Some with Alzheimer's better off staying on antipsychotics, study reports

October 18, 2012 by Denise Mann, Healthday Reporter
Some with alzheimer's better off staying on antipsychotics: study
Agitation, aggression more likely to return in those who stopped taking Risperdal, research shows.

(HealthDay)—People with Alzheimer's disease who take the antipsychotic drug risperidone (Risperdal) to help curb their agitation and aggression may see a return of these troublesome symptoms if they stop taking the medication, a new study suggests.

Not every person with Alzheimer's will become agitated and/or aggressive, but among those who do, these symptoms make it difficult for caregivers to manage them at home and often lead to nursing home admission and an increased risk of dying from the disease.

As it stands, these are only supposed to be taken for three to six months due to concerns about including , and movement difficulty. In recent years, the U.S. also placed a black-box warning on this class of medications warning that people with who take antipsychotics have a higher risk of dying.

"Caregivers should be aware of the increased mortality associated with these medications in people with dementia," said study author Dr. D.P. Devanand, director of the division of at Columbia Psychiatry and the New York State Psychiatric Institute in New York City. However, he added, "if a patient is taking an antipsychotic and doing reasonably well without any major side effects, they should stay on it."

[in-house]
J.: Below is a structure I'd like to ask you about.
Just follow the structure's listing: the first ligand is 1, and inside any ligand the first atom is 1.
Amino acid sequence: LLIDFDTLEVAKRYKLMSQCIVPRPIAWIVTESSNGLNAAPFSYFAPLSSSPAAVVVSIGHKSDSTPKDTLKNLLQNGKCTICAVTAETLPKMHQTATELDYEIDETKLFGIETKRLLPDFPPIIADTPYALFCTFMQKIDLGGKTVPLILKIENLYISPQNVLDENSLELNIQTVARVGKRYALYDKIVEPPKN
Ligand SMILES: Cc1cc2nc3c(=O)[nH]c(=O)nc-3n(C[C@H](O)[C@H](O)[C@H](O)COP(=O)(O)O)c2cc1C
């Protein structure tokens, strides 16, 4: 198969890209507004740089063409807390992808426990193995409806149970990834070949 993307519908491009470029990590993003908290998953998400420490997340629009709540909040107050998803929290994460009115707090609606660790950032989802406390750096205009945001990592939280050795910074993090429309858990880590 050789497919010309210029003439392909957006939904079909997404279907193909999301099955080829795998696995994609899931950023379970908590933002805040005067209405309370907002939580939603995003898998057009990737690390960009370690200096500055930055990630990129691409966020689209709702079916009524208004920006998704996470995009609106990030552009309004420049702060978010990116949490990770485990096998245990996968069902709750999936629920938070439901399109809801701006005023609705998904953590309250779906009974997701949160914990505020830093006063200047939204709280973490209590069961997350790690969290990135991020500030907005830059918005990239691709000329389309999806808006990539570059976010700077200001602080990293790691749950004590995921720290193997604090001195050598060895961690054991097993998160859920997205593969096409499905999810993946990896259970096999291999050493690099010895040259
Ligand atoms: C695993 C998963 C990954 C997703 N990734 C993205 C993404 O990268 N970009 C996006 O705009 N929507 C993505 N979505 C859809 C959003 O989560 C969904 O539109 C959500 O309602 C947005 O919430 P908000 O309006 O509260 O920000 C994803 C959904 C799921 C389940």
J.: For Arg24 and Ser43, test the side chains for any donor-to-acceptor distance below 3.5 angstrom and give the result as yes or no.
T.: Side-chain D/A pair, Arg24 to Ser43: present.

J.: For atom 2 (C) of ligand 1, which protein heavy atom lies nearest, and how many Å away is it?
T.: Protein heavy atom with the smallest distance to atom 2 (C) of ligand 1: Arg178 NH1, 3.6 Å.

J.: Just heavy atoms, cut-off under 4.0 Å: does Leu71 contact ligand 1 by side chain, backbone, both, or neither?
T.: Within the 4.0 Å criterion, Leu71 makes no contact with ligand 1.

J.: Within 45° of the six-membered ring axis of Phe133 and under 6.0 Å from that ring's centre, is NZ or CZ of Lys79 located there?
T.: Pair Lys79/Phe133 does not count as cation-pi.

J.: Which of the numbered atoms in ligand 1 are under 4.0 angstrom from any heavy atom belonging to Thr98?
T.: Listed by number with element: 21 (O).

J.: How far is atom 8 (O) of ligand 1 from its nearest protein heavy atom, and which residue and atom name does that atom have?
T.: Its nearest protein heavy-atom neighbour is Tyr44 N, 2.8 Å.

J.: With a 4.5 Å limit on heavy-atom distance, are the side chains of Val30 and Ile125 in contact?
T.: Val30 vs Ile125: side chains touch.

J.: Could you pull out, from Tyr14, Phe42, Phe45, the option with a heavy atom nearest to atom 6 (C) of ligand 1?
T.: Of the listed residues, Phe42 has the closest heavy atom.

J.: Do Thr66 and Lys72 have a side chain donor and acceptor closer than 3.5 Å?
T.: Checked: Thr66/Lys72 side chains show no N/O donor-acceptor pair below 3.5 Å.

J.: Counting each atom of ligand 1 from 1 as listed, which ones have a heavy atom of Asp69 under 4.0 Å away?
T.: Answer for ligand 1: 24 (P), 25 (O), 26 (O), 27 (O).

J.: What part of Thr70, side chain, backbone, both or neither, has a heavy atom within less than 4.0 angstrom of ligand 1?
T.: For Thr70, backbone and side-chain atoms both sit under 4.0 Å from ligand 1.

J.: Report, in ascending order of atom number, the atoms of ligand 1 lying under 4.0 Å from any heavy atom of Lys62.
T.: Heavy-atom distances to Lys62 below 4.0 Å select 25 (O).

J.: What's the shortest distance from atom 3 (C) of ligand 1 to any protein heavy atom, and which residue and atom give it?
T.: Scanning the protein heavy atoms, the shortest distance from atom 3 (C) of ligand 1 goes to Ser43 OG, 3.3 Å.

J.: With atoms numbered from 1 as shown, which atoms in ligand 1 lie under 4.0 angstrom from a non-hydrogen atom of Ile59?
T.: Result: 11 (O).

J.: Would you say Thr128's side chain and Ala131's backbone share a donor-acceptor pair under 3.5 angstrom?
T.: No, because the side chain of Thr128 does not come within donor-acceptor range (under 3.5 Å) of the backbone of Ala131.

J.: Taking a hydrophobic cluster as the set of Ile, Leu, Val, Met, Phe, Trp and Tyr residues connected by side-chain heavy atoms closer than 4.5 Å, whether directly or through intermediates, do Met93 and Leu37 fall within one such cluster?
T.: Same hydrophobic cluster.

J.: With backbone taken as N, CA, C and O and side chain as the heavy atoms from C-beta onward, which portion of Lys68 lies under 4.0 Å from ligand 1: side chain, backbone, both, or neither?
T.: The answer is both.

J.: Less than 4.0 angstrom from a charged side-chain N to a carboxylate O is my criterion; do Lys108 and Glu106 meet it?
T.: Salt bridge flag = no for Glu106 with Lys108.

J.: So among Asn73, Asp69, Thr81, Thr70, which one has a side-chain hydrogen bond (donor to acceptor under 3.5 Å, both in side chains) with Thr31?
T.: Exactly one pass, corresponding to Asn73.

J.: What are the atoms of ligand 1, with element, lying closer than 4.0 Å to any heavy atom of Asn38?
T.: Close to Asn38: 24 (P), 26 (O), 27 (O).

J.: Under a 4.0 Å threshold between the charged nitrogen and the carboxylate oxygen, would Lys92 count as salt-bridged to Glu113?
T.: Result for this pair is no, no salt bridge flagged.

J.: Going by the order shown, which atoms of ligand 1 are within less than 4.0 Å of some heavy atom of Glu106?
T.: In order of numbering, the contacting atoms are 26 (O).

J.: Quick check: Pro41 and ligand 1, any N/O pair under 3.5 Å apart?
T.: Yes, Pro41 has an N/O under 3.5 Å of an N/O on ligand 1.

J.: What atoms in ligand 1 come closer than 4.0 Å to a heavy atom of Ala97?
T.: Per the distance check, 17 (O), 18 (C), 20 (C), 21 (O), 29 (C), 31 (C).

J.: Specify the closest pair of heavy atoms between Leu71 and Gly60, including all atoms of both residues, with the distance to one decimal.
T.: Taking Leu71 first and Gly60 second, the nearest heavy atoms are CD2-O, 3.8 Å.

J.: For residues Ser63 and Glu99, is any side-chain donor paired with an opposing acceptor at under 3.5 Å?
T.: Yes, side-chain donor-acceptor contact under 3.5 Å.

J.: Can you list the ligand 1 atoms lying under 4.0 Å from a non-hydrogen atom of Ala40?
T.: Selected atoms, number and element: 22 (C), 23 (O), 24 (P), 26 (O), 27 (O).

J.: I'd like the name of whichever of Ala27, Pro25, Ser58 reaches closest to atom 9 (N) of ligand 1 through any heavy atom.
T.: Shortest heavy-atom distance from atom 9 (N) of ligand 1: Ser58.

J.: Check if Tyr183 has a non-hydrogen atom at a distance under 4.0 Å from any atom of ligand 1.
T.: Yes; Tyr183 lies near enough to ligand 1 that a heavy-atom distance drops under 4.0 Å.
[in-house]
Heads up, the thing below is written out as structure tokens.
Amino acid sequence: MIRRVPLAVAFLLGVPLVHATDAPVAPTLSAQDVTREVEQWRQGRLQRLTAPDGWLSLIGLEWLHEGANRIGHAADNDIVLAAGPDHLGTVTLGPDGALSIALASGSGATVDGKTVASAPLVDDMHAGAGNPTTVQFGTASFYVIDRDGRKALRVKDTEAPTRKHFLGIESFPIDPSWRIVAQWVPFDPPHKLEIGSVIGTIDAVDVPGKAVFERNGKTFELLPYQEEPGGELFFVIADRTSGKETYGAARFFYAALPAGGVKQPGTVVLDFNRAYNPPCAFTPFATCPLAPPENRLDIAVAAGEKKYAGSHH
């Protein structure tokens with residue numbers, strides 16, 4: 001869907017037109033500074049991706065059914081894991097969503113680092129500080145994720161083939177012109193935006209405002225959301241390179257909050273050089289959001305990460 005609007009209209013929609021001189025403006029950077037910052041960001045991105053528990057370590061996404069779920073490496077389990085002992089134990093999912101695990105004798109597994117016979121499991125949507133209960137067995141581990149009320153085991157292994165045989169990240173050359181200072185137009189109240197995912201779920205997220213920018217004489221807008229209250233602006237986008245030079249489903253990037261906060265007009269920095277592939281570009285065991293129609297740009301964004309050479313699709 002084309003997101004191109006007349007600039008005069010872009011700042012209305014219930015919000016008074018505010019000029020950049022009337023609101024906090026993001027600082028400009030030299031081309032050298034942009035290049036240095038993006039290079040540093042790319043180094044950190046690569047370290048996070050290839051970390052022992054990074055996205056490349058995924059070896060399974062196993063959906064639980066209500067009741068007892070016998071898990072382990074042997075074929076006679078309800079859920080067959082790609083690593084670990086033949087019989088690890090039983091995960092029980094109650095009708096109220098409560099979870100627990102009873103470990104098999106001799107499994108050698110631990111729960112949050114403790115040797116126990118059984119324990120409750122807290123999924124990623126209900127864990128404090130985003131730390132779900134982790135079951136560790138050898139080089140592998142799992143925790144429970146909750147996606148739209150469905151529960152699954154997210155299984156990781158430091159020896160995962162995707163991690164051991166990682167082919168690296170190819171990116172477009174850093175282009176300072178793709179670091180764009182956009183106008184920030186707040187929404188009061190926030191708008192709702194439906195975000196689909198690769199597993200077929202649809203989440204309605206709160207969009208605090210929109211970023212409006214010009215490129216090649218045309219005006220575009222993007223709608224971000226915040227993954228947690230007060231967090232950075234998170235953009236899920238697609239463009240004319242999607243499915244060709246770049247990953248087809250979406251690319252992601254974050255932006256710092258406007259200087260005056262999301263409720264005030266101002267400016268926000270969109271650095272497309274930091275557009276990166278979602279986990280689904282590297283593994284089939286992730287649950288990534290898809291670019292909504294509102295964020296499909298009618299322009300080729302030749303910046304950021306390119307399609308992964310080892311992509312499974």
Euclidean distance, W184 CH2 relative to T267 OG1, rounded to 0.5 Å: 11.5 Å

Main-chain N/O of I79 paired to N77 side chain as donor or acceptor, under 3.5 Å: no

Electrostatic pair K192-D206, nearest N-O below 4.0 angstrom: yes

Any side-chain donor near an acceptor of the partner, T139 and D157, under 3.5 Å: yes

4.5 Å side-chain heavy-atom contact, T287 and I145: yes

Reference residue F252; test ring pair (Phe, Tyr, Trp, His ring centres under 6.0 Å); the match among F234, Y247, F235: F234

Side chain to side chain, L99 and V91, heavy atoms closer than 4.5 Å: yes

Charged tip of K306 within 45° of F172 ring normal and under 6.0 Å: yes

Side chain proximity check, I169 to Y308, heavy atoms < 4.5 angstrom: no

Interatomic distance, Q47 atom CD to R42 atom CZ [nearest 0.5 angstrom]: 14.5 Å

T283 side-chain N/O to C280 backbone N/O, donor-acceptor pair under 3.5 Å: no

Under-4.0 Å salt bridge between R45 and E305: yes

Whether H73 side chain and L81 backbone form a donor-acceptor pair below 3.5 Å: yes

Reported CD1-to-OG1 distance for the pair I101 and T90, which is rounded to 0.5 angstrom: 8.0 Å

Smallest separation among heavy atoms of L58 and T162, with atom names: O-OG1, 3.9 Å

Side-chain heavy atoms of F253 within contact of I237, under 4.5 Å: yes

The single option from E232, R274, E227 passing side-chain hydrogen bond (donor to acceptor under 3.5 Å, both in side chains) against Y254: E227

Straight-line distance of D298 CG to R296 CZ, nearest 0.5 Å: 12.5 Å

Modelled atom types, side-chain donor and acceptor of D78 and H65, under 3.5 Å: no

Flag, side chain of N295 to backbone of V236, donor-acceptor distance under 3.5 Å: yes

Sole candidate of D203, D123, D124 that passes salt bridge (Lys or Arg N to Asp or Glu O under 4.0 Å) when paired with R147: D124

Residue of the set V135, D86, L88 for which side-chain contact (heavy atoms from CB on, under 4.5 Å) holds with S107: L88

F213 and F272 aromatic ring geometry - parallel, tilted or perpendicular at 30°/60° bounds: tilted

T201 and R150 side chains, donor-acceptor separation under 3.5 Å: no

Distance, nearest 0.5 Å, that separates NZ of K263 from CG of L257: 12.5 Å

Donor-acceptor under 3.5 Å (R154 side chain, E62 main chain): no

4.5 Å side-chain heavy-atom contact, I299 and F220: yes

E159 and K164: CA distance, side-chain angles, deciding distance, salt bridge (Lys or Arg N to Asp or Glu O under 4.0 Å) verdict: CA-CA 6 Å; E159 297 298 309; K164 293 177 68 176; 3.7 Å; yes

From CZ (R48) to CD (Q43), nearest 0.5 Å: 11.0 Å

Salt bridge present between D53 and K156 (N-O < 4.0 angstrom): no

The new study, which appears in the Oct. 18 issue of the , sought to determine what happens when the medication is stopped among people who are doing well on it. The U.S. National Institutes of Health sponsored the trial.

Nursing home staff are tasked with providing written explanations if they choose to keep someone on one of these medications for longer than three to six months, Devanand noted. "One must be cautious about discontinuing the medication. If a person does well on it and there are not too many side effects, maybe they should stay on it for a while and be monitored closely," he said.

Stopping treatment resulted in a relapse of symptoms for those who had been doing well on the medication for four to eight months, the investigators found.

The new study included 180 patients with Alzheimer's disease who showed signs of agitation and aggression. The patients, from eight U.S. centers, all received risperidone for 16 weeks in the first phase of the study. After that, the 110 patients who did well on the drug were assigned to take either risperidone or an inactive placebo. Those who were switched to a placebo were twice as likely to relapse when compared to participants who continued taking risperidone, the study found. What's more, the rate of side effects and death did not differ among participants.

Dr. Gary Kennedy, director of the division of geriatric psychiatry at Montefiore Medical Center in New York City, said that deciding how long to keep a person with Alzheimer's on an antipsychotic drug isn't an easy decision to make.

But "if a person is responding to the drug, it makes sense to stick with it," said Kennedy, who was not involved with the study.

Treating agitation and aggression in someone with Alzheimer's can make a big difference for the patient and the caregiver, he added. "These patients can be dangerous and very difficult to care for," Kennedy noted. "This is a very important study."